Building-specific seismic resilience assessment frameworks considering content sliding and injury
Thesis DisciplineCivil Engineering
Degree GrantorUniversity of Canterbury
Degree NameDoctor of Philosophy
In this thesis, frameworks are developed to: (i) quantify the severity of content movement; (ii) predict injuries caused by people losing balance and falling over, or from movement of building contents; and (iii) assess structural damage and injury-related losses caused by earthquakes. These frameworks are then applied to various structural forms to assess which has lower overall life-cycle costs and higher seismic resilience.
The first stage of this research investigated the influence of structural form on building structural and non-structural damage direct-repair costs using existing seismic loss estimation frameworks. In general, it was found that the stiffer building and stronger building considered incurred lower expected annual losses compared to more flexible buildings and weaker buildings. However, cost-benefit assessment showed that stiffer buildings and stronger buildings had higher life-cycle costs when initial construction costs were included.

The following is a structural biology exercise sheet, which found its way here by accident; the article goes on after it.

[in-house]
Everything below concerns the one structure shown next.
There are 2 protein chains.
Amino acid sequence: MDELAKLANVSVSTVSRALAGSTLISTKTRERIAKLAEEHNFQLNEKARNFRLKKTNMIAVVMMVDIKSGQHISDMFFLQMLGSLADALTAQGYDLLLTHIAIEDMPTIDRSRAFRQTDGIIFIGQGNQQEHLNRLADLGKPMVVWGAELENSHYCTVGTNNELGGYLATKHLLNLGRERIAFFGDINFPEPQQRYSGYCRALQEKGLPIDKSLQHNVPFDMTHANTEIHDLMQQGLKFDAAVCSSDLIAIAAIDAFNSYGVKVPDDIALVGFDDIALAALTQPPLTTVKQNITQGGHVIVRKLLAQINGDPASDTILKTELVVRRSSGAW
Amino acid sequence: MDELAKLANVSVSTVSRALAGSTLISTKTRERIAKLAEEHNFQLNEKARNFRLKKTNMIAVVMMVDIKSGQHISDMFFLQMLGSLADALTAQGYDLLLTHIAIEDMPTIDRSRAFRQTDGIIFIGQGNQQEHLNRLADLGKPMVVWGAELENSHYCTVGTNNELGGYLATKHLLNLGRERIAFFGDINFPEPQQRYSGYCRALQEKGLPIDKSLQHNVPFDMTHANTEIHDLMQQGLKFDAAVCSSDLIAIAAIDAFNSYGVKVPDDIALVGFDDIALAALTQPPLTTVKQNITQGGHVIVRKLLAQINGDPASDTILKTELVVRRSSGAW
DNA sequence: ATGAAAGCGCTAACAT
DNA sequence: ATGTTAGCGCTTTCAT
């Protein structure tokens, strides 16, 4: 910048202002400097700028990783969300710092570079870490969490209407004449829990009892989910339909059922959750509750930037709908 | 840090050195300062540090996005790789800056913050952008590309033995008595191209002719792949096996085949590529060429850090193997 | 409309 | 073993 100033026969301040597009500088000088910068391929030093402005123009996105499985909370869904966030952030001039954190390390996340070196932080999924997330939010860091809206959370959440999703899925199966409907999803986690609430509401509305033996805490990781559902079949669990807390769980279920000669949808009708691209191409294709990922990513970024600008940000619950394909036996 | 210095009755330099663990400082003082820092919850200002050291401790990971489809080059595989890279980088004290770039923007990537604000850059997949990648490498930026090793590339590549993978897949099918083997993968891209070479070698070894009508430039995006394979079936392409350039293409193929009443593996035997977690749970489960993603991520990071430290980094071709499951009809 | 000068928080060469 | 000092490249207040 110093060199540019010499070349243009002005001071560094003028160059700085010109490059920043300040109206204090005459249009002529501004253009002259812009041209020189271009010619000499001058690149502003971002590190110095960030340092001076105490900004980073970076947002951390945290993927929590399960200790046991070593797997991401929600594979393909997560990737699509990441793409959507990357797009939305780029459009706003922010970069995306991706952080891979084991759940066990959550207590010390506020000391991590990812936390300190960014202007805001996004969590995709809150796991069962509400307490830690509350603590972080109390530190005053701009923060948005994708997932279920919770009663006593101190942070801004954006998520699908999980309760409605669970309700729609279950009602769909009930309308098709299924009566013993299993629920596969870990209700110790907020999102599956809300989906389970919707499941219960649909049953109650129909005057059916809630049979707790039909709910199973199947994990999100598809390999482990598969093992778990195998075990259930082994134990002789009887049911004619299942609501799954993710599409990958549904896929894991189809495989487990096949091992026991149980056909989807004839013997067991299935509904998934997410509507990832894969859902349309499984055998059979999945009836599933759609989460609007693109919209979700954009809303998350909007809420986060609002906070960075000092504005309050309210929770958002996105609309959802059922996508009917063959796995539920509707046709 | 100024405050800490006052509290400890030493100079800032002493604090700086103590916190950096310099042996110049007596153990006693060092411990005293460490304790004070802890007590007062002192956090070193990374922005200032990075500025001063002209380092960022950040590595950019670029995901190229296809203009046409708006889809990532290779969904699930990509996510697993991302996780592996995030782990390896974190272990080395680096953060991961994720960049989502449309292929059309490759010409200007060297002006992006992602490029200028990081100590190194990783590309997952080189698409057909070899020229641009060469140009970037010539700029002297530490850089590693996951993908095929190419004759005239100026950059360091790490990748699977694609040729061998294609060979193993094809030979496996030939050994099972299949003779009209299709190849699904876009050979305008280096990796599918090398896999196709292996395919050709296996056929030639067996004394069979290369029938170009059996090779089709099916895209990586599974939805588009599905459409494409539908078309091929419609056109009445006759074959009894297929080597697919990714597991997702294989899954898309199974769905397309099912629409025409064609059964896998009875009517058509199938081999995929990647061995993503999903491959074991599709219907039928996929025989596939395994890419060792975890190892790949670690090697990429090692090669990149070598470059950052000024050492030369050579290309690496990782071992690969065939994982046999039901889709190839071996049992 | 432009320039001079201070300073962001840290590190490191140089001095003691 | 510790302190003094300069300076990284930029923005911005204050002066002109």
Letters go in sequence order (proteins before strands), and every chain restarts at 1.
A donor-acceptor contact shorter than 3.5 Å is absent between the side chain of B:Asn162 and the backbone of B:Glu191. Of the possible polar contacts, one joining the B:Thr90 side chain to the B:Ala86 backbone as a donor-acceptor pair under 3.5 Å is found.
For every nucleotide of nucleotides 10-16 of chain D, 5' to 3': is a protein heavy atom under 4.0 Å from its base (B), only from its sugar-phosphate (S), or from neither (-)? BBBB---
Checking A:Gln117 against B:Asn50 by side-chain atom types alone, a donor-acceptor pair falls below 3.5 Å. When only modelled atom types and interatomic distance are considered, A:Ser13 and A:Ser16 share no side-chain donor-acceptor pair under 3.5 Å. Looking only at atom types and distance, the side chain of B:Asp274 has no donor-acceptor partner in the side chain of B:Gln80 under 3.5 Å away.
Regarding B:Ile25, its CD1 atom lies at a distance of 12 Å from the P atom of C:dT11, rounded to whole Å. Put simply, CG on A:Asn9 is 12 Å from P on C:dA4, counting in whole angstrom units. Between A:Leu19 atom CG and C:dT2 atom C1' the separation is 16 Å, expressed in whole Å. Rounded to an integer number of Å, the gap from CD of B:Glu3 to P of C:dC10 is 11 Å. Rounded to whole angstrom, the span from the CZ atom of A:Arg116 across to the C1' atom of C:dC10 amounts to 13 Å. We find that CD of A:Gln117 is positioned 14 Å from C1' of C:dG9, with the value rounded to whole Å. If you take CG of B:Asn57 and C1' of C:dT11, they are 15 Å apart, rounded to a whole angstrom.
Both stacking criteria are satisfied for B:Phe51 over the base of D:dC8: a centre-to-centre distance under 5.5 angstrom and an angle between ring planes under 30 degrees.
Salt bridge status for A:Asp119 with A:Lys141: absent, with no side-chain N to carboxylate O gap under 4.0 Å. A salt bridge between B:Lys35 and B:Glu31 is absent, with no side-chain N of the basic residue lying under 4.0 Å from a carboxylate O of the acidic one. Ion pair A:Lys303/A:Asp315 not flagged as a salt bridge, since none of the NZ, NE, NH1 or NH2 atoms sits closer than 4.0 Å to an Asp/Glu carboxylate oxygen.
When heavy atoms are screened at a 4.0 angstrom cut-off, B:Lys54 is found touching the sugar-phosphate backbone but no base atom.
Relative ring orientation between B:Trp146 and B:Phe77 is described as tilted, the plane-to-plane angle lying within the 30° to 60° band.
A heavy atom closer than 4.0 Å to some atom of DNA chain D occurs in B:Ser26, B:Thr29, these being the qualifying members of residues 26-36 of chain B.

The second stage focused on quantifying the severity of content movement; in particular content sliding. Existing numerical content sliding models were validated using shaking table tests of realistic furniture on common flooring materials subjected to sinusoidal floor motion. A new equation for predicting the peak sliding displacement of contents was then developed. This equation was found to be more sufficient and efficient compared to other existing prediction equations. Furthermore, it was found that sliding of contents within stiffer buildings were generally less severe compared to more flexible buildings. In contrast, contents in stronger buildings exhibited greater sliding response compared to weaker buildings.
A framework for predicting injuries caused by people falling, content movement, and building collapse was developed in the third stage of this research. Outputs from this framework were found to be consistent with anecdotal injury data. It was found that fall-related injuries were more likely to occur in stiffer buildings and stronger buildings. In addition, lesser content movement-related injuries occurred in stiffer buildings compared to more flexible buildings. However, more content movement-related injuries occurred in stronger buildings compared to weaker buildings. Lesser collapse-related injuries occurred in stiffer buildings and stronger buildings.
The final stage of this research investigated the influence of structural forms on life-cycle costs including initial construction costs, building damage direct-repair costs, and injury costs. Cost-benefit analyses showed that stiffer buildings generally have lower overall life cycle costs, and the highest seismic resilience, of all buildings considered.